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Maternity Care for Minorities in America

During the quarantine, I earned a new certification in the Training For Birth and Beyond course from PRONatal Fitness. I absolutely love working with clients who are pregnant and/or have given birth. The PRONatal model considers pregnancy to be the most intense physical feat in a mother's life and in the course, we studied the physical, emotional, and mental effects that childbirth has on a mother. It opened my eyes to how I, as a trainer, can better work with prenatal and postnatal clients to coach them through this amazing and challenging time in their lives.

In addition to furthering my knowledge of pre- and postnatal care, I also started attending college courses at CUNY Laguardia, earning credits toward a Physical Therapy Assistant (PTA) associate's degree. I was less than thrilled to learn that I had to take a mandatory first year seminar, a class that was worth no credit and met early on Monday mornings. I thought that, since I already had a Bachelor's Degree, I knew everything I needed and that the class would be a waste of my time. But towards the end of the semester we got an assignment to research cultural competency in the health care industry. As a trainer working with mothers throughout their pregnancies, I decided to focus my research on the disparities in maternal care in BIPOC communities in America.  What I found was horrifying.

Through my small amount of research, I read many terrifying and moving stories of mothers experiencing anxiety, trauma, and even death during their pregnancy because of inequity in doctor's offices and hospitals. One quote particularly stuck out to me: "People of color did extra work to prevent and mitigate negative experiences, which left them feeling traumatized, regretful, or sad about maternity care. This extra work came in many forms, including cognitive work such as worrying about racism and behavioral changes such as dressing differently to get health care needs met." The quote struck me because it echoed a story a friend had one shared with me about an interaction she had at the doctor's office while pregnant.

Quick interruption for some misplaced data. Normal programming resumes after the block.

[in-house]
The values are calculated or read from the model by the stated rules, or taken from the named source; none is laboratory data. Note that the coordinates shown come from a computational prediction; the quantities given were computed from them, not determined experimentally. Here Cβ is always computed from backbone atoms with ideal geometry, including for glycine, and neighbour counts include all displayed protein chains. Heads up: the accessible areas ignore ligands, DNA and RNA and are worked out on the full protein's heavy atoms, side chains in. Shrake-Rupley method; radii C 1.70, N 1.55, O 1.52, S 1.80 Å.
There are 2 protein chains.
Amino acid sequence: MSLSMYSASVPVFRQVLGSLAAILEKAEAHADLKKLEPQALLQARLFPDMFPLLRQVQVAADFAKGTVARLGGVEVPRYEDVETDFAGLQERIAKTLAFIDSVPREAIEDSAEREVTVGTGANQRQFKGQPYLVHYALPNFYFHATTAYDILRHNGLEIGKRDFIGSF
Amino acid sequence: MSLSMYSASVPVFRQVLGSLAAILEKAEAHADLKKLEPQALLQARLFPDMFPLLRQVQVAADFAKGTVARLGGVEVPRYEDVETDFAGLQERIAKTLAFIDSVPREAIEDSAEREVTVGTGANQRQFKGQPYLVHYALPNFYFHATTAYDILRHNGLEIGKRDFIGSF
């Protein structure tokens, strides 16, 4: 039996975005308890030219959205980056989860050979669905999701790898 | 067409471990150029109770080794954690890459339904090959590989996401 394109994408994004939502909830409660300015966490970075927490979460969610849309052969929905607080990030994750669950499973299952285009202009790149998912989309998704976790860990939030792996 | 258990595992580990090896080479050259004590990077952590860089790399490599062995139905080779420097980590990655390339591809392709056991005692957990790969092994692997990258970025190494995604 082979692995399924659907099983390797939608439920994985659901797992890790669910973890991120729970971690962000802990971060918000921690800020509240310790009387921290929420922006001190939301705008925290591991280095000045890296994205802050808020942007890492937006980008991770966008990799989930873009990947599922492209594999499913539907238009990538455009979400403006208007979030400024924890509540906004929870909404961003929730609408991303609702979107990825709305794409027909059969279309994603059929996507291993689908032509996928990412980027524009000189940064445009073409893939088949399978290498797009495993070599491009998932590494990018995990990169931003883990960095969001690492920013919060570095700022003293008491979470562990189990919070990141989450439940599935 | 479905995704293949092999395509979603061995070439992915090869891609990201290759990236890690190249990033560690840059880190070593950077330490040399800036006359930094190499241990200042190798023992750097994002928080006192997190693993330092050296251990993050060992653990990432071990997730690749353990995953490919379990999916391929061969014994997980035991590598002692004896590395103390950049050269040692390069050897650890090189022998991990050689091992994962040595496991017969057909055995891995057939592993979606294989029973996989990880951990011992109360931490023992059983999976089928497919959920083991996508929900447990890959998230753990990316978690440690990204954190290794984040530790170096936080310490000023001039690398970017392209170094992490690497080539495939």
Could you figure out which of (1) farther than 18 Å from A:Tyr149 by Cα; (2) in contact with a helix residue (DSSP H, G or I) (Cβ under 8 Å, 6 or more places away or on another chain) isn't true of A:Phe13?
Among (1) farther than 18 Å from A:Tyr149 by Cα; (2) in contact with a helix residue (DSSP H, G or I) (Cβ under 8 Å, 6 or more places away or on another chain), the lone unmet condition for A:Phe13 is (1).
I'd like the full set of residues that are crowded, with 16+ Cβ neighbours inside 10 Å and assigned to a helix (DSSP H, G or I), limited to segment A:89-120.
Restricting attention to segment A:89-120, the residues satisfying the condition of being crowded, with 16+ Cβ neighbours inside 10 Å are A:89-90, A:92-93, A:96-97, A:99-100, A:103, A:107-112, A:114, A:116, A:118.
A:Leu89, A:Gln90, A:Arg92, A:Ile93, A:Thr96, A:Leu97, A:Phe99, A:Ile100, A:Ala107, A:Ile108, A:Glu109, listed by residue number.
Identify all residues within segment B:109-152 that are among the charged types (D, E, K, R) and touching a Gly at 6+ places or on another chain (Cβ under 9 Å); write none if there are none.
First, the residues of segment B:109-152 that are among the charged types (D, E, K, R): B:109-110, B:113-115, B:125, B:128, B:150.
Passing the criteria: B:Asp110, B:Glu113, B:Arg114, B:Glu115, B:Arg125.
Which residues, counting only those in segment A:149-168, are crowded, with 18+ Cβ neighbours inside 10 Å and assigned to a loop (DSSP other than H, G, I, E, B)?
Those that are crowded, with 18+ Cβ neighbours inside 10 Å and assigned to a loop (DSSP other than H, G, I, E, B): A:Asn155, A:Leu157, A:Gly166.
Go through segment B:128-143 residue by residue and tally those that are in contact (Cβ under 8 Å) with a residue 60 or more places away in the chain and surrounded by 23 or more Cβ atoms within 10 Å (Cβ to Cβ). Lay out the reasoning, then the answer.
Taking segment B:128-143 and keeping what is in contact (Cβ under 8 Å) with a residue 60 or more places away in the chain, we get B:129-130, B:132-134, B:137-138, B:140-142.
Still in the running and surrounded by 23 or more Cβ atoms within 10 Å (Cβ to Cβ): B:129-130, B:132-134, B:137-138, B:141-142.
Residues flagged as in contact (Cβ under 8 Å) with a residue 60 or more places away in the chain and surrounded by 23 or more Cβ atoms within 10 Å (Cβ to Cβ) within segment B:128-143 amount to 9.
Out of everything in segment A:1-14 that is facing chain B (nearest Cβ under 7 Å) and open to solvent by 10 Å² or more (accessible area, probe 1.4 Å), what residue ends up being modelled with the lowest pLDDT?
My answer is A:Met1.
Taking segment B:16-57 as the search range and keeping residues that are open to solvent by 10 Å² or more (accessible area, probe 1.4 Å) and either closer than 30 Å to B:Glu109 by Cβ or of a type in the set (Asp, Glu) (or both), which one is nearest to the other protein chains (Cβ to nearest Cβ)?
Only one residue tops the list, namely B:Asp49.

My friend said that she usually dressed up "business casual" to go the doctor's office, but one day, when she was feeling really sick and exhausted, she wore sweatpants and a sweatshirt instead. When she went up to the check in counter, the administrator was rude and told her to sit and wait her turn. My friend's father then came in from parking the car, and suddenly the administrator's whole demeanor changed. My friend was then treated with greater attention and respect.

There were many things about this story that stood out to me. One, is that my friend, a person of color, dressed up to go to the OB/GYN. I myself, a white person, have never considered what I wear to a doctor's office. When I asked her why, she said she did it so that medical staff would know that she was responsible and "had her life together," so to speak. The second thing that struck me was that as soon as her father showed up, she was deemed worthier of respect. Because of her skin color and comfy clothes, the administrator perhaps had assumed that she was unsupported, lacked wealth, or any other combination of racist stereotypes for black women in America that led her to treat my friend differently.